Raban's text echoes elements of Roland Barthes comments on the city: "The city is a discourse and this discourse is truly a language: the city speaks to its inhabitants, we speak our city, the city where we are, simply by living in it, by wandering through it, by looking at it." (2004: 168)

Another interesting and relevant aspect of Raban's text looks at ideas around the concept of reason that have historically been attached to texts on the city, in particular because of the dichotomies around urban/rural and refined/uncivilised. (1998: 153) In postmodernity this idea of reason could be transferred to a view on the rationalist approach attached to capitalism, especially the rhetoric in circulation concerning it. Not just the idea that countries that are capital-generating are considered to be more civilised than those that are not, but, also, the expressions that are promulgated, dismissing any alternative model of living than the consumerist one.

Texts on the city also lend themselves to being used for analysing campus space because the posthistoric university has many qualities that are comparable to city living. The university puts consumers and products into circulation, enabling an analysis from the perspective of networks and flows. Space is designed, from a rational standpoint, to control the flows of people, machines and materials in a way that encourages the efficient running of university space while also supporting the ideology behind it. This means that the campus can be analysed from the perspective of how capital might use and acquire that space, for example, through capital accumulation. Also, the university, like the city, has an appearance in the form of which it appears, its referent. The university, in manifest form, is a representation, supported by a particular discourse, which means it can be deconstructed linguistically.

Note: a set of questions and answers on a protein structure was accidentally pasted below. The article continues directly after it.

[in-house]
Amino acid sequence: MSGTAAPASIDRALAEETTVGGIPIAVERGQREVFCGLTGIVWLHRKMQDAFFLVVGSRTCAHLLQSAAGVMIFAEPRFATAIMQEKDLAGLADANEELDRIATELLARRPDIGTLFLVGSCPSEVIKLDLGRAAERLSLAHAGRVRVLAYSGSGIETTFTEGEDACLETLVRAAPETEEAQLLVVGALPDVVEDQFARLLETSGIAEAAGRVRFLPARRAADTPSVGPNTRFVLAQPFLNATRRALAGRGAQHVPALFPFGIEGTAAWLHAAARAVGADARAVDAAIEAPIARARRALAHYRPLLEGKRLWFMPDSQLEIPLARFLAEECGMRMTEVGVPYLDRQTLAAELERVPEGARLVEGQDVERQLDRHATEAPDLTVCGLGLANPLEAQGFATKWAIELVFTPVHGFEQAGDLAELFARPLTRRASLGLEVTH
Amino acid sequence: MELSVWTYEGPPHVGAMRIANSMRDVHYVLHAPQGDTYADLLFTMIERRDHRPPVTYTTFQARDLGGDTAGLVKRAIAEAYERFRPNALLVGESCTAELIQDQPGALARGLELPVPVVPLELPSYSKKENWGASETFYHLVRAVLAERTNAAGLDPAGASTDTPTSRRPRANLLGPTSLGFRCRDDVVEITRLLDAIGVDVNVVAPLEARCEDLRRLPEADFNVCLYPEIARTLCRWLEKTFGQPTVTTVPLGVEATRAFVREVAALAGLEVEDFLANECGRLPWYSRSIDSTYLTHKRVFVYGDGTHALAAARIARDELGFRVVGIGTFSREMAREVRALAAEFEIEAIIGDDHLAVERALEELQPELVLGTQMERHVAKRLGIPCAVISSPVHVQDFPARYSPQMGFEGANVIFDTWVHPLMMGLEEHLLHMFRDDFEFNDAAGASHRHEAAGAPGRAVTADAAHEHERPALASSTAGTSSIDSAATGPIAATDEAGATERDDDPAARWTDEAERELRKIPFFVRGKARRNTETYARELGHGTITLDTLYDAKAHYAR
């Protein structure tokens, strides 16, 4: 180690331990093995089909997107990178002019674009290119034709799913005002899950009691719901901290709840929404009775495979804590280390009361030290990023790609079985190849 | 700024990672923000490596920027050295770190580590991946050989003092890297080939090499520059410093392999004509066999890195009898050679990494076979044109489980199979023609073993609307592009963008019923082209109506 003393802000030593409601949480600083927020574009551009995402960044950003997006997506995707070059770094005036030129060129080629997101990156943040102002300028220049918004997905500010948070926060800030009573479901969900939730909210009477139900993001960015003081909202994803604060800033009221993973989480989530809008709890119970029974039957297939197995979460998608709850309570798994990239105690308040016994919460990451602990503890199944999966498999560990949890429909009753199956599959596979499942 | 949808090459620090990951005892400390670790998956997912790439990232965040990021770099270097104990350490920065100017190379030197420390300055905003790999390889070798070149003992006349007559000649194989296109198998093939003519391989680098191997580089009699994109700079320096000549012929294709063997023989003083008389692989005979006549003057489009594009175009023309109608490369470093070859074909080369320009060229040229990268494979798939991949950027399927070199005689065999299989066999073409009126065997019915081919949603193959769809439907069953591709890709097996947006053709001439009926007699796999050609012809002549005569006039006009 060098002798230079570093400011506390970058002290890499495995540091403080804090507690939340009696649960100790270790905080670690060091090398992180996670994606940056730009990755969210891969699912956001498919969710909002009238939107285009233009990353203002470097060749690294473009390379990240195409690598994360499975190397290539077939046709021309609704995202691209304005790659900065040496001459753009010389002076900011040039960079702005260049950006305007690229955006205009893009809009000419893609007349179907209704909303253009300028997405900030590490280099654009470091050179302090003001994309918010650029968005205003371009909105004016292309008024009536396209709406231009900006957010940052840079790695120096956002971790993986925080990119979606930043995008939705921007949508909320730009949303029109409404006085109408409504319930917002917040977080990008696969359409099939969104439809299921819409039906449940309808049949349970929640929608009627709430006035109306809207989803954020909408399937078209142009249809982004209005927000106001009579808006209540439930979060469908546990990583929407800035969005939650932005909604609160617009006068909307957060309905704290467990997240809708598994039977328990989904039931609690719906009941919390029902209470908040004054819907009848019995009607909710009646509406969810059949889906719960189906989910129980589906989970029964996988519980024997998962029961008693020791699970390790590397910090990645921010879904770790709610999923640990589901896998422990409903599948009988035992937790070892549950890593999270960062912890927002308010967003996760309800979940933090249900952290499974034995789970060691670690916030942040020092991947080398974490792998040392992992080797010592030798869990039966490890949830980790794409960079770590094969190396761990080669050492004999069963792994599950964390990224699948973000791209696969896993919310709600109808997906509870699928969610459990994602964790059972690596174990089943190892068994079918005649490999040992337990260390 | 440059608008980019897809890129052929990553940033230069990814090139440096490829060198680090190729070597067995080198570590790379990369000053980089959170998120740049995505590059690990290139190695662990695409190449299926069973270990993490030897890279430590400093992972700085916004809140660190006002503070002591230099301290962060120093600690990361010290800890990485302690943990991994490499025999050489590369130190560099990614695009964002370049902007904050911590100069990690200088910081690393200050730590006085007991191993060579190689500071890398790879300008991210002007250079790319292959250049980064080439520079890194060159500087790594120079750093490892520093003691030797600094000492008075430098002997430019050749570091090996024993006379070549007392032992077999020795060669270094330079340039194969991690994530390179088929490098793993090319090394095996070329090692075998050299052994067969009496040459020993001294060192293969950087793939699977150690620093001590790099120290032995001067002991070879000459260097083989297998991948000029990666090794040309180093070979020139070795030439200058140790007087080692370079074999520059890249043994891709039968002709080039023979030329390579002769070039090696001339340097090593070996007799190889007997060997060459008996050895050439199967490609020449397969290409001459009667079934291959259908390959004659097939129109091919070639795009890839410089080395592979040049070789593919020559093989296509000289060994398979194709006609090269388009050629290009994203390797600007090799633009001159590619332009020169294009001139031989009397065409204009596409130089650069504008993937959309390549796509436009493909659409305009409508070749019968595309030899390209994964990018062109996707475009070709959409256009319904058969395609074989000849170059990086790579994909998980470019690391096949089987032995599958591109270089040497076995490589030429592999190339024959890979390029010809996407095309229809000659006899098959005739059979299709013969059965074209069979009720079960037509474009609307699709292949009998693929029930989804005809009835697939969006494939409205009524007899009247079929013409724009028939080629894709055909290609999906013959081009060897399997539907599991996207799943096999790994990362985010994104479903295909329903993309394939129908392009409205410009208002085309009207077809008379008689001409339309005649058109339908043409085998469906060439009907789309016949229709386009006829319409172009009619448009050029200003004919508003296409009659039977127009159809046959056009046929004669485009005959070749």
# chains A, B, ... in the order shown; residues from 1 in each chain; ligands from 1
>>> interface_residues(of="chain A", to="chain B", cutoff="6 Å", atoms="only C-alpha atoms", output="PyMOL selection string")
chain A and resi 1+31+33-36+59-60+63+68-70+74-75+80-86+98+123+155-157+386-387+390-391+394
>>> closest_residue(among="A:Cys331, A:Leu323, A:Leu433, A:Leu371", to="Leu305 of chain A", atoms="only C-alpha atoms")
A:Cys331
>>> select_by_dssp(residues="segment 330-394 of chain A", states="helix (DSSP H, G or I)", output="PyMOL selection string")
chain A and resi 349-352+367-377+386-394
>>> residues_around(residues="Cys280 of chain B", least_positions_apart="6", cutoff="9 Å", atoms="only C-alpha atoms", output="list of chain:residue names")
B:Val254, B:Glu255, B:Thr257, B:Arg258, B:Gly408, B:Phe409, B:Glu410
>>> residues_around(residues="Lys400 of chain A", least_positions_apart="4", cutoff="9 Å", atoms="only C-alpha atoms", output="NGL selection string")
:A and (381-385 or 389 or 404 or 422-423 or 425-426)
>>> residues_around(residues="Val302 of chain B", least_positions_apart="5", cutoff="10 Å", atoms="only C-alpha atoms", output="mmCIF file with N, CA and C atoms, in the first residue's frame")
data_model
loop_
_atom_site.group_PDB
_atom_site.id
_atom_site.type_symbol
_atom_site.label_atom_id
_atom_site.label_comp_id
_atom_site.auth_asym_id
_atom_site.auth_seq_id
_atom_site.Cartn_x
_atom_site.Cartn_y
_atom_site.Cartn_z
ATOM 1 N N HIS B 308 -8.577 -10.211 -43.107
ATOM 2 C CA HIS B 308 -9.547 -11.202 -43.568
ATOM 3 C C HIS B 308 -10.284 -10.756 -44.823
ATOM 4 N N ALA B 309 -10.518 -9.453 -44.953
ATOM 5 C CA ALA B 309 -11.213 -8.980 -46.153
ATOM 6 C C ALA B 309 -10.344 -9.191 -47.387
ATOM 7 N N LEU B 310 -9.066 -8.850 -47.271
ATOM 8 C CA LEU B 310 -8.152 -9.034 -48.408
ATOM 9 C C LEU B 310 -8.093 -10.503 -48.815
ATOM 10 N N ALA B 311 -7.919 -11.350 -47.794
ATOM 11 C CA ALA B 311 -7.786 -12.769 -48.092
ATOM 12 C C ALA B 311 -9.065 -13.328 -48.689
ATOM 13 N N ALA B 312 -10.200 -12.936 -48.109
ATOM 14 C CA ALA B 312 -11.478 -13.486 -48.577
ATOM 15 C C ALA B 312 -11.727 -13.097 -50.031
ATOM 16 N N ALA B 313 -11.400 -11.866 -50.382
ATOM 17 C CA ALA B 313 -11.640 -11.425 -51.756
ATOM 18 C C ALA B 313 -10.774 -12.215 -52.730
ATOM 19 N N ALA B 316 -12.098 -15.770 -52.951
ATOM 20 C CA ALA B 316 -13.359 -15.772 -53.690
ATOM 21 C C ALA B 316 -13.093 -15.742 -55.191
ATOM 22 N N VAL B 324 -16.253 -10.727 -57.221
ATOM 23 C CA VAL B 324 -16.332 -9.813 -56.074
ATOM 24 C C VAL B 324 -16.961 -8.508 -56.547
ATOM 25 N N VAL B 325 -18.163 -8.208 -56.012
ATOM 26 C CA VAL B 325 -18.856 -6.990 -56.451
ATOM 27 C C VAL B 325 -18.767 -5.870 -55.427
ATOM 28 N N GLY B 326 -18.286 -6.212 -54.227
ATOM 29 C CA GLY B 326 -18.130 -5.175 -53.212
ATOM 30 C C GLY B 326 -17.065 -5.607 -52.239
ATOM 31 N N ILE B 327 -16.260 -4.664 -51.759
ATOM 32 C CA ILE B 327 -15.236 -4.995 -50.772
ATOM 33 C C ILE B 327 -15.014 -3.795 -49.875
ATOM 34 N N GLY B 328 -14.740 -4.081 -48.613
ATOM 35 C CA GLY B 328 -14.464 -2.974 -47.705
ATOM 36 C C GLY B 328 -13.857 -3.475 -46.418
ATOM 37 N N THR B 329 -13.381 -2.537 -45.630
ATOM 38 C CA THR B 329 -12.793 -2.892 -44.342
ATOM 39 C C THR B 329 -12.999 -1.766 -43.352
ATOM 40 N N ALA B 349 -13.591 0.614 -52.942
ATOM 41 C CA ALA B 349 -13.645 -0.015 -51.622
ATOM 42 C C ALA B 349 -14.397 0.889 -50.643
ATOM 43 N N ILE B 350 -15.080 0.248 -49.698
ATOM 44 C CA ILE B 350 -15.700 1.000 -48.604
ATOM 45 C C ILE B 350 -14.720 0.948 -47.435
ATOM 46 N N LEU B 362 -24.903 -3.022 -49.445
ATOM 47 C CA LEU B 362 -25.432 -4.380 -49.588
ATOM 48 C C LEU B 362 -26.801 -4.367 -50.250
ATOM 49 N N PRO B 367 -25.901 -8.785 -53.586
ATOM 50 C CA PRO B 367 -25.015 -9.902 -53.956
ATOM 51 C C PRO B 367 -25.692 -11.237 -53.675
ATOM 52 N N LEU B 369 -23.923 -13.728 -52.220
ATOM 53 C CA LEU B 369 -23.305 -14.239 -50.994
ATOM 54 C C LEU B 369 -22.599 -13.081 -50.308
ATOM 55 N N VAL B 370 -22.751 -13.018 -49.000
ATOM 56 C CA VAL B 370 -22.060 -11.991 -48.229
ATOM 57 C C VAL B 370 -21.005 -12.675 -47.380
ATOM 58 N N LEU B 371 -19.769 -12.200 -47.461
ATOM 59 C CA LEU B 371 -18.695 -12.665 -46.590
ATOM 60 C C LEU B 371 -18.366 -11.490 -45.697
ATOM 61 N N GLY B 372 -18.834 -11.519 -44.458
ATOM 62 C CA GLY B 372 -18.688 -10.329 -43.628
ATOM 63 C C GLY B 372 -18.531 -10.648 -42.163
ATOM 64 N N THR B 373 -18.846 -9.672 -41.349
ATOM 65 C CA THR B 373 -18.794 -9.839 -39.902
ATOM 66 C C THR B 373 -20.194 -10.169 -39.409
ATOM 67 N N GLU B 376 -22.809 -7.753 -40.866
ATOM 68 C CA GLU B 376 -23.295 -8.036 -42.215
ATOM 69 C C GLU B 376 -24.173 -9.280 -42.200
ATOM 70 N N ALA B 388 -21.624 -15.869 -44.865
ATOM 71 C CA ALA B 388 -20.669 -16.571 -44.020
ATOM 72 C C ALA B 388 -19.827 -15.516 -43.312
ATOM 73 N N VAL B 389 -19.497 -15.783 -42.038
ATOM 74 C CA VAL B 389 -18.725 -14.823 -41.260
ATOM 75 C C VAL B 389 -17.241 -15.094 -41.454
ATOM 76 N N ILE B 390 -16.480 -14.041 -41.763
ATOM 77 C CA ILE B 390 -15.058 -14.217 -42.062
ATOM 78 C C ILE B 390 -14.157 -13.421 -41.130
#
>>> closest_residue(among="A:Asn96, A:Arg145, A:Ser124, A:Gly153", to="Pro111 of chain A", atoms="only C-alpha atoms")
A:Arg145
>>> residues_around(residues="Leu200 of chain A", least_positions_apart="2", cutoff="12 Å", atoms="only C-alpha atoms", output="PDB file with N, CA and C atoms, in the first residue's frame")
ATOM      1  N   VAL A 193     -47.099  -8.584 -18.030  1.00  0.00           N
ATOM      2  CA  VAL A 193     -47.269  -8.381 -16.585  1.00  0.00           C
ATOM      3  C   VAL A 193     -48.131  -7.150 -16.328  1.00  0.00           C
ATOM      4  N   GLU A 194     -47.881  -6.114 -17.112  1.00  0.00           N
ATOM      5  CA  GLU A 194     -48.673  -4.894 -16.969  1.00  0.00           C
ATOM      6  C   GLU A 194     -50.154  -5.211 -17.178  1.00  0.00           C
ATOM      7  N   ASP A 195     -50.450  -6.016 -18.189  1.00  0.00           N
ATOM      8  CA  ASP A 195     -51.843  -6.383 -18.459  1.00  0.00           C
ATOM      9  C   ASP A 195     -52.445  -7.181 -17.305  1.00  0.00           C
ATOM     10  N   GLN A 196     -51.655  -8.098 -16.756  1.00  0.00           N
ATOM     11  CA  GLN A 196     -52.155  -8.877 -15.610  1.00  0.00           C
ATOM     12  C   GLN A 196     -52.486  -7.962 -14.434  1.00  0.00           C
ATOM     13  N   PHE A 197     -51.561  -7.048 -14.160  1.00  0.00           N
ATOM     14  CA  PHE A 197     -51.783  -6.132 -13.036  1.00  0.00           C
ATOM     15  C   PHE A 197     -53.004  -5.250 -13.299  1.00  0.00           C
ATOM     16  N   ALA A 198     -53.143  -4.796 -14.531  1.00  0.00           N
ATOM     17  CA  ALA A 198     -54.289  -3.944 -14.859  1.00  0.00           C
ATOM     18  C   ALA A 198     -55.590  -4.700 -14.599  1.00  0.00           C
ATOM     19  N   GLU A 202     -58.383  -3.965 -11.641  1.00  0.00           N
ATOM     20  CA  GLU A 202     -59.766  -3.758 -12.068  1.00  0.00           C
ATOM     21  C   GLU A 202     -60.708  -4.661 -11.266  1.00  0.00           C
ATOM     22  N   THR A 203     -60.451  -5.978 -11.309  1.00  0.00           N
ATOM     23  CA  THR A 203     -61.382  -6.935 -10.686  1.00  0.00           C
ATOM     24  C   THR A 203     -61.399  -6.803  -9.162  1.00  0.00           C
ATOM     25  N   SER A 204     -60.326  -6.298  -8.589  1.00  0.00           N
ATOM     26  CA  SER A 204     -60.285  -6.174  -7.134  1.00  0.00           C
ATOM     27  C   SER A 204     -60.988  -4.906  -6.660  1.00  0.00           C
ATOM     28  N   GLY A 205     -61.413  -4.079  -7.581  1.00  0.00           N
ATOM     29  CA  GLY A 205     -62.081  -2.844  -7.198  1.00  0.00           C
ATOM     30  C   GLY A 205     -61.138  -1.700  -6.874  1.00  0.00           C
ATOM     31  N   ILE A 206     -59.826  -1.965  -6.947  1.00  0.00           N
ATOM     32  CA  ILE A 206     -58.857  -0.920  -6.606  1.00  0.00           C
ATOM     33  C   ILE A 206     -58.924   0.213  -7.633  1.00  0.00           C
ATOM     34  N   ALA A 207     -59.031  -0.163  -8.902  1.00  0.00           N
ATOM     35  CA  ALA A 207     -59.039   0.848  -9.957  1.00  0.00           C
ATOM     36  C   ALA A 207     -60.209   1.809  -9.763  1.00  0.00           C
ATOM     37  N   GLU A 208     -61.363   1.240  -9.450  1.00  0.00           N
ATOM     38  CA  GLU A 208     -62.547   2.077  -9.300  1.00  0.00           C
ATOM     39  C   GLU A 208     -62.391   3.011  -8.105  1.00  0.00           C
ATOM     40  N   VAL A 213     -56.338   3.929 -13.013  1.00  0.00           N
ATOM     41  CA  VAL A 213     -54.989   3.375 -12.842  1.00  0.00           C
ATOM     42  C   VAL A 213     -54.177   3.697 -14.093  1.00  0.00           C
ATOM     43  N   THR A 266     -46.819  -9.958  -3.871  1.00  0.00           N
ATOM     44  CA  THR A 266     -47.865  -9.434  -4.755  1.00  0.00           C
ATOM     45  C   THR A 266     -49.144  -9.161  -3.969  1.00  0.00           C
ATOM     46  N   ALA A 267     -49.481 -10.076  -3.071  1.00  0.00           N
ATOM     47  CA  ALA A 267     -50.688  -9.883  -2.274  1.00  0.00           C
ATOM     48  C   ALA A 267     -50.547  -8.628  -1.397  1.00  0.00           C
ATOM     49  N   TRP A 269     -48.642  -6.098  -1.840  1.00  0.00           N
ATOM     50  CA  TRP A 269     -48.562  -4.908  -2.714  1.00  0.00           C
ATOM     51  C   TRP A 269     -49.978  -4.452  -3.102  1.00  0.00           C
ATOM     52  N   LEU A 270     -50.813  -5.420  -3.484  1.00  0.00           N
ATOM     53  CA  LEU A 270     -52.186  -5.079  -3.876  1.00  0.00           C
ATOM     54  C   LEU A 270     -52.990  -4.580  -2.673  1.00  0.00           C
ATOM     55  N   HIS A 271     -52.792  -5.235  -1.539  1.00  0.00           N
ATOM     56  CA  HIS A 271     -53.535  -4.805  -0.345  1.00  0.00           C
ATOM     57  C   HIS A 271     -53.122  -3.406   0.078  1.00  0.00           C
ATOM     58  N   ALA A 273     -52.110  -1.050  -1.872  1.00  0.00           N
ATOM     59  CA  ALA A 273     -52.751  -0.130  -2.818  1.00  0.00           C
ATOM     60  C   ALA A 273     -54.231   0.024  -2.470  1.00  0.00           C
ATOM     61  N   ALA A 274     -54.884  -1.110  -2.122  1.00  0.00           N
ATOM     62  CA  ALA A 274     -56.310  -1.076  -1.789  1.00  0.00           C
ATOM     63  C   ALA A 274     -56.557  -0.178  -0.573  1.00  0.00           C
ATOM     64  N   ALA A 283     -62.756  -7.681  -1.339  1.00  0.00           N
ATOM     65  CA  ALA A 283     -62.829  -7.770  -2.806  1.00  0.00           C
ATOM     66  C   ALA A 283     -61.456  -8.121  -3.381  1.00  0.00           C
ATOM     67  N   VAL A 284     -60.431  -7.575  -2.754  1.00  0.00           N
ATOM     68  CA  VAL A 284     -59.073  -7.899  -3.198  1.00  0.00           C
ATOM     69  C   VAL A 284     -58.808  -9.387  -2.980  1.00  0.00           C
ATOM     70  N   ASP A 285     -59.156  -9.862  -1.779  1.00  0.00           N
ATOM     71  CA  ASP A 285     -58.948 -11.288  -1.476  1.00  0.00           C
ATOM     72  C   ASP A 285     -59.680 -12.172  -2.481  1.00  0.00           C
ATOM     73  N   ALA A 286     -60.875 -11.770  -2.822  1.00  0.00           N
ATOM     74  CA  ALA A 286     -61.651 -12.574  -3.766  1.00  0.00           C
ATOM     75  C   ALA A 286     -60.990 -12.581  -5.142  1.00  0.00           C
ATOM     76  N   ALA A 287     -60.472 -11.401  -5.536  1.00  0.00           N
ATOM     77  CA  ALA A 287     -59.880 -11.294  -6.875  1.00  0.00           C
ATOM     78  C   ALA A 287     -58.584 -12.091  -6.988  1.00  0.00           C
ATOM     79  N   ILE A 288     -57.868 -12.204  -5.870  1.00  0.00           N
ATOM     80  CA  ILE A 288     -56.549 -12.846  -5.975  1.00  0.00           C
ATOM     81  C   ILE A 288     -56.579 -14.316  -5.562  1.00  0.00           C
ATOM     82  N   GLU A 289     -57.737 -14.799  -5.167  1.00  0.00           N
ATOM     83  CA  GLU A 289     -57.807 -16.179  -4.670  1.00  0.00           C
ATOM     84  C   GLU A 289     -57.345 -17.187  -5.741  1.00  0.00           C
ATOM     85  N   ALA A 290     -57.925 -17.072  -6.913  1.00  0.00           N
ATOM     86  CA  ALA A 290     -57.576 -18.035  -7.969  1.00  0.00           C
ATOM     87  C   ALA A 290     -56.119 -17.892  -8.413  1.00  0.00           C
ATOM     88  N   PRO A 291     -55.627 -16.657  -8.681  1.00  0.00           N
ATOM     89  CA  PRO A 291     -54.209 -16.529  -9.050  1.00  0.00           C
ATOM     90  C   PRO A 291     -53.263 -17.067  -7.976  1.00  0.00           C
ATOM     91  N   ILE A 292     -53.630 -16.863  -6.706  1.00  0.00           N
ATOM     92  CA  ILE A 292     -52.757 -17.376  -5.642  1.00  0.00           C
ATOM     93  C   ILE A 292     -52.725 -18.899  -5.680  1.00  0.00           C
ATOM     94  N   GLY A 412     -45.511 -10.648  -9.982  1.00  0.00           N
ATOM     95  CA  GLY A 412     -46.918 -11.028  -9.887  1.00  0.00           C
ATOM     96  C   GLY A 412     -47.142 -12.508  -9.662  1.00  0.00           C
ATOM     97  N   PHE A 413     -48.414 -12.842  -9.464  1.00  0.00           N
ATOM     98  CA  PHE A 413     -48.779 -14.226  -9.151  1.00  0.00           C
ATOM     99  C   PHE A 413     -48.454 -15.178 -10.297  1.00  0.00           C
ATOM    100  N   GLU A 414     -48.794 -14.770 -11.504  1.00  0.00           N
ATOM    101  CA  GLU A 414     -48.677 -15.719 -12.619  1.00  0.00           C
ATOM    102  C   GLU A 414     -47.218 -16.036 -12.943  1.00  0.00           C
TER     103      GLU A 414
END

Barthes, Roland. 2004. 'Semiology and Urbanism', Rethinking Architecture, ed. by Neil Leach (London: Routledge). pp. 166-172.
Pinder, David. 2005. Visions of the City: Utopianism, Power and Politics in Twnetieth-Century Urbanism (Edinburgh: Edinburgh University Press Ltd).
Raban, Jonathan. 1998. Soft City (London: The Harvill Press).
Wright, Lance. 2009. ‘University of Leeds: Criticism’, The New Monumentality (Leeds: Henry Moore Institute) pp. 32-34.